American English

Definition of subject noun from the Oxford Advanced American Dictionary



    noun [countable]
    , NAmE//ˈsʌbdʒɪkt//
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    of conversation/book
  1. 1a thing or person that is being discussed, described, or dealt with an unpleasant subject of conversation books on many different subjects a magazine article on the subject of space travel I have nothing more to say on the subject. I wish you'd change the subject (= talk about something else). How did we get onto the subject of marriage? We seem to have gotten off the subject we're meant to be discussing. Nelson Mandela is the subject of a new biography. Climate change is still very much a subject for debate.
  2. at school/college
  3. 2an area of knowledge studied in a school, college, etc. Biology is my favorite subject.
  4. of picture/photograph
  5. 3a person or thing that is the main feature of a picture or photograph, or that a work of art is based on Focus the camera on the subject. Classical landscapes were a popular subject with many 18th century painters.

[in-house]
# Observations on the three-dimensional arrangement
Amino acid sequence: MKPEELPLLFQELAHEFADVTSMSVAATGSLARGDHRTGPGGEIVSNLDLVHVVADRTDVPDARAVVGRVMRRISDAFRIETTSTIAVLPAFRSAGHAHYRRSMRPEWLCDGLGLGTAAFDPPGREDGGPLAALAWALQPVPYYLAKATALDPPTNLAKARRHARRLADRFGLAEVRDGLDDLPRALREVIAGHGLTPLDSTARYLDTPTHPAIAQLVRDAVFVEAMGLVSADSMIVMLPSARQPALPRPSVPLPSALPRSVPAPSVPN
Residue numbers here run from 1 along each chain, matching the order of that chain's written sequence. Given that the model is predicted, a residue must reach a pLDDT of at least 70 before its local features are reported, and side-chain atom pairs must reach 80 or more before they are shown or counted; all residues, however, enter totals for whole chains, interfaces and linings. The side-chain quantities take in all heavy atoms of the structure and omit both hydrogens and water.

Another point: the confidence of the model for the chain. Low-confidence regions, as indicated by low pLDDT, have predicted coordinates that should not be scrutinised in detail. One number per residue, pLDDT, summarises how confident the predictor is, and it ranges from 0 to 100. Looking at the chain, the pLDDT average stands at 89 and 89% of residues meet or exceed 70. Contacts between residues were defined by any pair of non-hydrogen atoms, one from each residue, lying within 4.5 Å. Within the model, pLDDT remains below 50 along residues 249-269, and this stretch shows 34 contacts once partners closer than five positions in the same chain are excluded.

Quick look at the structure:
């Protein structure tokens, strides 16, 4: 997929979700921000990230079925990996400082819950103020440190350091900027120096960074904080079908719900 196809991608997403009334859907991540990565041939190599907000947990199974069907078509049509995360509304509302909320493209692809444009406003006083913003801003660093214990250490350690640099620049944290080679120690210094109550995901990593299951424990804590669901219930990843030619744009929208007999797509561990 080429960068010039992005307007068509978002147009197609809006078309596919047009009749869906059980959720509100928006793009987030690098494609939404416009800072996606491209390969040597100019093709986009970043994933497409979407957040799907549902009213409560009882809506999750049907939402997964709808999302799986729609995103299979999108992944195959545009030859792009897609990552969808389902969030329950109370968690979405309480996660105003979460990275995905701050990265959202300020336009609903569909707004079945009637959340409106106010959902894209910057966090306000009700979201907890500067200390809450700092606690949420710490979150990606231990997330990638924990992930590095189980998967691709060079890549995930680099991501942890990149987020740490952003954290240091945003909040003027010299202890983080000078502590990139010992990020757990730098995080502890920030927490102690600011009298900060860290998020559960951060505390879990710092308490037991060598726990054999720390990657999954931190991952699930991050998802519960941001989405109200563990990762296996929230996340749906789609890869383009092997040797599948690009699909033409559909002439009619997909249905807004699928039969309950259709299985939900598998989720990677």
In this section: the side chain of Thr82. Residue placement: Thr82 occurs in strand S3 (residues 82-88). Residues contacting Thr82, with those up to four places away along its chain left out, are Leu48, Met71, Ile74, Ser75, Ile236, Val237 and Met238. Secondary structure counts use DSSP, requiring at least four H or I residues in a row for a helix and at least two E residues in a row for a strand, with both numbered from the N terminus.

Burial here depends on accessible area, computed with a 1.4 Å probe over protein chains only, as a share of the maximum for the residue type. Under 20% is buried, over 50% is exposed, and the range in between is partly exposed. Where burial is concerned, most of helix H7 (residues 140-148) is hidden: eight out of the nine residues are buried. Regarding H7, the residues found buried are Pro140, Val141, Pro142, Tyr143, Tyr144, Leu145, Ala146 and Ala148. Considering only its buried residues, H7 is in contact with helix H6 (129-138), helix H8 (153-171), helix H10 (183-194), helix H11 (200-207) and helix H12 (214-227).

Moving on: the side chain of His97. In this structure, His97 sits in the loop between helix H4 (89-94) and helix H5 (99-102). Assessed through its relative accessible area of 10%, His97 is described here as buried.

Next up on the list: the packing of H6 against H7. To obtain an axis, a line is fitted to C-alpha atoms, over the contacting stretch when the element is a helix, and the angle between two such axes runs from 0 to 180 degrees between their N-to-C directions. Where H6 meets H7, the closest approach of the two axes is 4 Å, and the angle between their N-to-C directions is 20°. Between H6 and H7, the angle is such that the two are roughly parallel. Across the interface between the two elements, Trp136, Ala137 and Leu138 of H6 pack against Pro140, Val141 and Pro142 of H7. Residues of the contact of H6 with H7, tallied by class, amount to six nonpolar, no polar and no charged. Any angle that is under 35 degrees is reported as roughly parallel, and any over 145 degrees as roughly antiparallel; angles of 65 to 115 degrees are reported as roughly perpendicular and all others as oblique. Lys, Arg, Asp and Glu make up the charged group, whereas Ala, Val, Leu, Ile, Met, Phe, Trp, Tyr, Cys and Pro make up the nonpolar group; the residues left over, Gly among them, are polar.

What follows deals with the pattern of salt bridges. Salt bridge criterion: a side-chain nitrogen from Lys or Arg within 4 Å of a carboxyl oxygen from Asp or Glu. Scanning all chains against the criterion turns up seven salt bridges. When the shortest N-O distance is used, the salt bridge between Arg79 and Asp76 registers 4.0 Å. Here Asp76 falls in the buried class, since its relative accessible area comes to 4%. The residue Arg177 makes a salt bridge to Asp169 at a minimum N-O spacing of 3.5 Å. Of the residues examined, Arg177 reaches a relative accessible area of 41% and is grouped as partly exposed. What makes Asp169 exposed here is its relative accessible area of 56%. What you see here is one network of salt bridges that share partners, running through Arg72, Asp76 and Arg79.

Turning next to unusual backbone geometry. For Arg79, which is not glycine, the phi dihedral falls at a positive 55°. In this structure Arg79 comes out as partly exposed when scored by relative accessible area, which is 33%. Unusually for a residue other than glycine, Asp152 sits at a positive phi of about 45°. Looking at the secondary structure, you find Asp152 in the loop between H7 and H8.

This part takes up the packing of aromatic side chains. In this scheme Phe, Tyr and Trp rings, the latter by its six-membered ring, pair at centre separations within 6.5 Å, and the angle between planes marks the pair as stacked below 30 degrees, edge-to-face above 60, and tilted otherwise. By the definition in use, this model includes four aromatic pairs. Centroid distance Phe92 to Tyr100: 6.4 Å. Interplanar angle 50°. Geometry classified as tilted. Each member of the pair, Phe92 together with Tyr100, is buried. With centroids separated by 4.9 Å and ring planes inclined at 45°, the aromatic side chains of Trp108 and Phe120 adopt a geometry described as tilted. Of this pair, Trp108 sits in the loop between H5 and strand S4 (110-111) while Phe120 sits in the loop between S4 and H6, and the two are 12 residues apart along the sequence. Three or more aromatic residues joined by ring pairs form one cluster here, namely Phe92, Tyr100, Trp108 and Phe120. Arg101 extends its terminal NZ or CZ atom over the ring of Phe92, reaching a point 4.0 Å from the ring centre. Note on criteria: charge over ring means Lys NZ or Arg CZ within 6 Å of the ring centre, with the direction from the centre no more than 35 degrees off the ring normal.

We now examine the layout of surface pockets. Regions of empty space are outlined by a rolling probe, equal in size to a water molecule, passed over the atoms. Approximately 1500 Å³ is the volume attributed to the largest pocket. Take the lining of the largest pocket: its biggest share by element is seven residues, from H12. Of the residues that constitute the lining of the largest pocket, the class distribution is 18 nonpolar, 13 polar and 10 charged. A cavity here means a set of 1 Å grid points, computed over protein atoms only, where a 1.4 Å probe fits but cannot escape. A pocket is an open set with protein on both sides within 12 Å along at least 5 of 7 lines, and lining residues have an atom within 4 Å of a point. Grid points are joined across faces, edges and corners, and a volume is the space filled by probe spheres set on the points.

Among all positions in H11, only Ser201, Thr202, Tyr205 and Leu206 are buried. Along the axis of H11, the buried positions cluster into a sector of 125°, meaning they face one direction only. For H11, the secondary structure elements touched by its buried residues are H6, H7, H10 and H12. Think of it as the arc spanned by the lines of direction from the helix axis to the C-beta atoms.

6. of experiment
  7. 4a person or thing being used to study something, especially in an experiment We need male subjects between the ages of 18 and 25 for the experiment.
  8. grammar
  9. 5a noun, noun phrase, or pronoun representing the person or thing that performs the action of the verb (I in I sat down), about which something is stated (the house in the house is very old), or, in a passive sentence, that is affected by the action of the verb (the tree in the tree was blown down in the storm) compare object, predicate
  10. of country
  11. 6a person who has the right to belong to a particular country, especially one with a king or queen a British subject
See the Oxford Advanced Learner's Dictionary entry: subject